Limited DC charging infrastructure:Though 80% of EV charging is done overnight at home, public EV charging infrastructure remains a focal point for debates and aspiring/ current owners of EVs. In Ireland the public EV charging network is growing (2,000 charging points, mostly in urban areas). However, we agree that rapid DC charging infrastructure still needs to be deployed more widespread, helping EV drivers achieve a 0% – 80% EV battery charge in under 30 minutes.
Limited choice of EVs:There is no doubt that there has been a significant increase in the number of electric vehicles (EVs) that have been introduced over the past three years. However, the number of available pure electric cars are still limited in comparison to petrol and diesel vehicles. As global automotive manufacturers ramp-up the development and production of EVs, we expect the ‘consumer choice’ to widen significantly.
Limited availability of used EVs:Given the relatively nascent nature of the EV sector, it is not surprising that the used electric car market is still very small. We do expect the used EV marketplace to improve significantly in the coming years, giving aspiring EV owners a vast choice at competitive prices.

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Ashvin Suri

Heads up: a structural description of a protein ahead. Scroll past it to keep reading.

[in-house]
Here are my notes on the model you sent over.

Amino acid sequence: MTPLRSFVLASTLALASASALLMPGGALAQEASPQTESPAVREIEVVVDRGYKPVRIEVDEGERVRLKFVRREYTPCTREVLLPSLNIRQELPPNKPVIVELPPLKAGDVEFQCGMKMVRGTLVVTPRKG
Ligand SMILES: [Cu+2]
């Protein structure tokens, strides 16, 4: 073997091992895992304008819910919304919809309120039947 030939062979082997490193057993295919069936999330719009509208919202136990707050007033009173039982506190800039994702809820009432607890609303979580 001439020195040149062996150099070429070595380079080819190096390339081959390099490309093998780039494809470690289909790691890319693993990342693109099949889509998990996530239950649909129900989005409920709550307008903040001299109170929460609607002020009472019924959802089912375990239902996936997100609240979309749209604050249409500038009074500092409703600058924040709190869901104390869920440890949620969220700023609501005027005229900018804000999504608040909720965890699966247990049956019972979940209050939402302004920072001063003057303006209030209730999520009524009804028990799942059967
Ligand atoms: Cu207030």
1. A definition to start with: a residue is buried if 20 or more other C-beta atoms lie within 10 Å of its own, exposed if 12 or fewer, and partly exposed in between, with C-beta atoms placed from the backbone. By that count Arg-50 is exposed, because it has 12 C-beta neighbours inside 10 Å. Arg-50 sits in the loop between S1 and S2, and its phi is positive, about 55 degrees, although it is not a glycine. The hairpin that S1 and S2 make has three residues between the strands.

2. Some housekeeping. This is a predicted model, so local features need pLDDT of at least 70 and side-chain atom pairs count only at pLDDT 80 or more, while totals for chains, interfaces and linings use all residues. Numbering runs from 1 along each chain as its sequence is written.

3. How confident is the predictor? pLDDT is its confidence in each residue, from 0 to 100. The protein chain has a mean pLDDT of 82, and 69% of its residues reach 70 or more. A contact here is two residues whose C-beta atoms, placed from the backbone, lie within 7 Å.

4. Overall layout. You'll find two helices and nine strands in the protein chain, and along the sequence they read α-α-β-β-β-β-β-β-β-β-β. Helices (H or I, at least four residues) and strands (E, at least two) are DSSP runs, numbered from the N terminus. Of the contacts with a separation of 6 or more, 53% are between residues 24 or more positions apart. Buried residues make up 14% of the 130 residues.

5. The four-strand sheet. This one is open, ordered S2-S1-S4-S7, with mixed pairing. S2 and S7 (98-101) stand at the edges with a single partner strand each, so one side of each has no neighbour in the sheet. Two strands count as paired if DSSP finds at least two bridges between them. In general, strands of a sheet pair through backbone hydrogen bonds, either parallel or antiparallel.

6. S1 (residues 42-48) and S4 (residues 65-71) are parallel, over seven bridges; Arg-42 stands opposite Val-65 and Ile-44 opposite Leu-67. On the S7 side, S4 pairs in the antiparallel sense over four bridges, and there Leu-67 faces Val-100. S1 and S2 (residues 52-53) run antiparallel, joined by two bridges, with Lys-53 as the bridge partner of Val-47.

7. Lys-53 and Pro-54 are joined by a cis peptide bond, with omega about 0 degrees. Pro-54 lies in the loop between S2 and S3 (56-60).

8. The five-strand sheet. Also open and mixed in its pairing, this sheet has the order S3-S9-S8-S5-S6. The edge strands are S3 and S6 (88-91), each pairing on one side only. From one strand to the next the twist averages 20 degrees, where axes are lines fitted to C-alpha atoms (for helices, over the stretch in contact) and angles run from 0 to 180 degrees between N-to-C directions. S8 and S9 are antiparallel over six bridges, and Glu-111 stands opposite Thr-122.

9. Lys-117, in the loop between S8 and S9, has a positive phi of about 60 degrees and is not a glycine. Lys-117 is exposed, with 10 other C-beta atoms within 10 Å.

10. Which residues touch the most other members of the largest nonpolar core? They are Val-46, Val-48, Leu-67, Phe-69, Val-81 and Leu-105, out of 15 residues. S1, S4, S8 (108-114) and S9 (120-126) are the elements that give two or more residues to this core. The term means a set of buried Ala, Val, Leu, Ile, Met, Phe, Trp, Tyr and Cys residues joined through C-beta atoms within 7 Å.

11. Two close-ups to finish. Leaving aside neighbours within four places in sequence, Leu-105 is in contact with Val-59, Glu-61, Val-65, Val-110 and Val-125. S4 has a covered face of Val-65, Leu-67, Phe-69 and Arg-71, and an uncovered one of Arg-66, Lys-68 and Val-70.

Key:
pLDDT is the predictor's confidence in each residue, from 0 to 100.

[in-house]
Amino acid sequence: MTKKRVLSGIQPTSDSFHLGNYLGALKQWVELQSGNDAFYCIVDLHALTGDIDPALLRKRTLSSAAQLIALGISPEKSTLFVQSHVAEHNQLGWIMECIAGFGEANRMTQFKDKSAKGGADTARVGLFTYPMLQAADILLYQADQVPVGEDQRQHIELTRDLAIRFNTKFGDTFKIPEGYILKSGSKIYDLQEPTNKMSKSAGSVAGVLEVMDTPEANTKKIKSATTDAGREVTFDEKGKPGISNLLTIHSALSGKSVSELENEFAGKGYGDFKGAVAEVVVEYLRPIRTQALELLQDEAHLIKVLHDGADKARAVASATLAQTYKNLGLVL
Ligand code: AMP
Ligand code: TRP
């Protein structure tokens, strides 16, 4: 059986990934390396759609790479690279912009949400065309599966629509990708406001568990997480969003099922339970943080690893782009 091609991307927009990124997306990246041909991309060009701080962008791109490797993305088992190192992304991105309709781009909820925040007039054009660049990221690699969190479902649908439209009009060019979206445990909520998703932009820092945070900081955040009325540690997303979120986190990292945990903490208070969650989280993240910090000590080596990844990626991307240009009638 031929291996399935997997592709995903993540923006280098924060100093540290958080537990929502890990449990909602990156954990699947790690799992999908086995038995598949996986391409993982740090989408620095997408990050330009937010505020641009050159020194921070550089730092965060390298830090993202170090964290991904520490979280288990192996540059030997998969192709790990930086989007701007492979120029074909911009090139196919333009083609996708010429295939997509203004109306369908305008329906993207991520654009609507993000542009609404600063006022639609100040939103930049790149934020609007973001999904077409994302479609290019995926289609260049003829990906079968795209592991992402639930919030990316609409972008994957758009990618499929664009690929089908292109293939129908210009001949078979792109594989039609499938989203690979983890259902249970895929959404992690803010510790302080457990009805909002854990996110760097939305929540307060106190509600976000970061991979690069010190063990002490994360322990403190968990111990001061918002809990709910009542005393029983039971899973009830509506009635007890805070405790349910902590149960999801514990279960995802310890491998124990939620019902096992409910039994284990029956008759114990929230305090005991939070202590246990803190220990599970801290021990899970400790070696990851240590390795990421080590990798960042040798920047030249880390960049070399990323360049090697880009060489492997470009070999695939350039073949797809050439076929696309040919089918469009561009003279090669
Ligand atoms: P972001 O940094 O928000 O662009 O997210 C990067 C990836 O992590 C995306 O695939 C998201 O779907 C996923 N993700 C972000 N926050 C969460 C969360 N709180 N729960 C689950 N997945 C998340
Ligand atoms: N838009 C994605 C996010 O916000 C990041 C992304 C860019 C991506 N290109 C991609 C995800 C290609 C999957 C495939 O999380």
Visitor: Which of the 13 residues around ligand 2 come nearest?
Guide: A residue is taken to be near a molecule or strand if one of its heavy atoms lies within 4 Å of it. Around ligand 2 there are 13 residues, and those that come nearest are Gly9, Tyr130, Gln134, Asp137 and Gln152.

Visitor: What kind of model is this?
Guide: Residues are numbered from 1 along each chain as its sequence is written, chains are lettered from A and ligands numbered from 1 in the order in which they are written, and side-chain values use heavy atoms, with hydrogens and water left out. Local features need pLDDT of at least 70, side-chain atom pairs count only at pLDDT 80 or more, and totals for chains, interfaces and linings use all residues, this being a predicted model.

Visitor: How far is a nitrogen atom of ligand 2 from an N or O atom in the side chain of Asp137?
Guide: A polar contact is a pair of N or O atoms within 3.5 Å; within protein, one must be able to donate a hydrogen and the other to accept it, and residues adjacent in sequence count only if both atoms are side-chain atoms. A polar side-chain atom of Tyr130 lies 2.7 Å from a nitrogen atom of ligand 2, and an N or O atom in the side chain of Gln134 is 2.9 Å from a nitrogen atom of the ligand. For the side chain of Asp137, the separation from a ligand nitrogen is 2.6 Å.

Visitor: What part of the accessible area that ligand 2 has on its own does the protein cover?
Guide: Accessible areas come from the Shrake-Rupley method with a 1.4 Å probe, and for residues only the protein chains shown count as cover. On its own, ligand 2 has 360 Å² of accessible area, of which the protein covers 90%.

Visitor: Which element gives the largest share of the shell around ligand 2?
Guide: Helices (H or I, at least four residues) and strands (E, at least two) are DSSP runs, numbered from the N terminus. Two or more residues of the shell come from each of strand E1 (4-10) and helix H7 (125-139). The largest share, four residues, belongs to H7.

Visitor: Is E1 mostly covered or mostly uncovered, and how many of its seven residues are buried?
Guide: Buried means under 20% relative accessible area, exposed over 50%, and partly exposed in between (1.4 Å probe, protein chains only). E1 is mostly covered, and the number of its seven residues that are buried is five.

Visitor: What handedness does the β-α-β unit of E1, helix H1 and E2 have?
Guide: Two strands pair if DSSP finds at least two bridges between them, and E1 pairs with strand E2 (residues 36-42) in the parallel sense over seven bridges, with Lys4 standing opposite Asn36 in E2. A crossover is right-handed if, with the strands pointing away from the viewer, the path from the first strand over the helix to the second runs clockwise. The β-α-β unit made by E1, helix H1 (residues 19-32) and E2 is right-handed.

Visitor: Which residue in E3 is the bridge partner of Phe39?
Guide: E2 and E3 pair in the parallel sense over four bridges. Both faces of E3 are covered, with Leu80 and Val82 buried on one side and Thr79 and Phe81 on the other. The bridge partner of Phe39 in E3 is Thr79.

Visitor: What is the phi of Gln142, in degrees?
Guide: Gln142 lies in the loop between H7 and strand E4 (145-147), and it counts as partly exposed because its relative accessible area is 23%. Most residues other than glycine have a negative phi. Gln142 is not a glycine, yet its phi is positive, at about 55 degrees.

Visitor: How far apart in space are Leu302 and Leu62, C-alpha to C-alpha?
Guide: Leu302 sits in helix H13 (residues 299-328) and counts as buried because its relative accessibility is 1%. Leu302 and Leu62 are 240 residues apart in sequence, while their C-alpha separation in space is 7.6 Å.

Ashvin has been involved with the renewables, energy efficiency and infrastructure sectors since 2006. He is passionate about the transition to a low-carbon economy and electric transportation. Ashvin commenced his career in 1994, working with US investment banks in New York. Post his MBA from the London Business School (1996-1998), he continued to work in investment banking at Flemings (London) and JPMorgan (London). His roles included corporate finance advisory, M&A and capital raising. He has been involved across diverse industry sectors, to include engineering, aerospace, oil & gas, airports and automotive across Asia and Europe. In 2010, he co-founded a solar development platform, for large scale ground and roof solar projects to include, the UK, Italy, Germany and France. He has also advised on various renewable energy (wind and solar) utility scale projects working with global institutional investors and independent power producers (IPP’s) in the renewable energy sector. He has also advised in key international markets like India, to include advising large-scale industrial and automotive group in India. Ashvin has also advised Indian Energy, an IPP backed by Guggenheim (a US$ 165 billion fund). He has also advised a US$ 2 billion, Singapore based group. Ashvin has also worked in the real estate and infrastructure sector, to including working with the Matrix Group (a US$ 4 billion property group in the UK) to launch one of the first few institutional real estate funds for the Indian real estate market. The fund was successfully launched with significant institutional support from the UK/ European markets. He has also advised on water infrastructure, to include advising a Swedish clean technology company in the water sector. He has also been involved with a number of early stage ventures.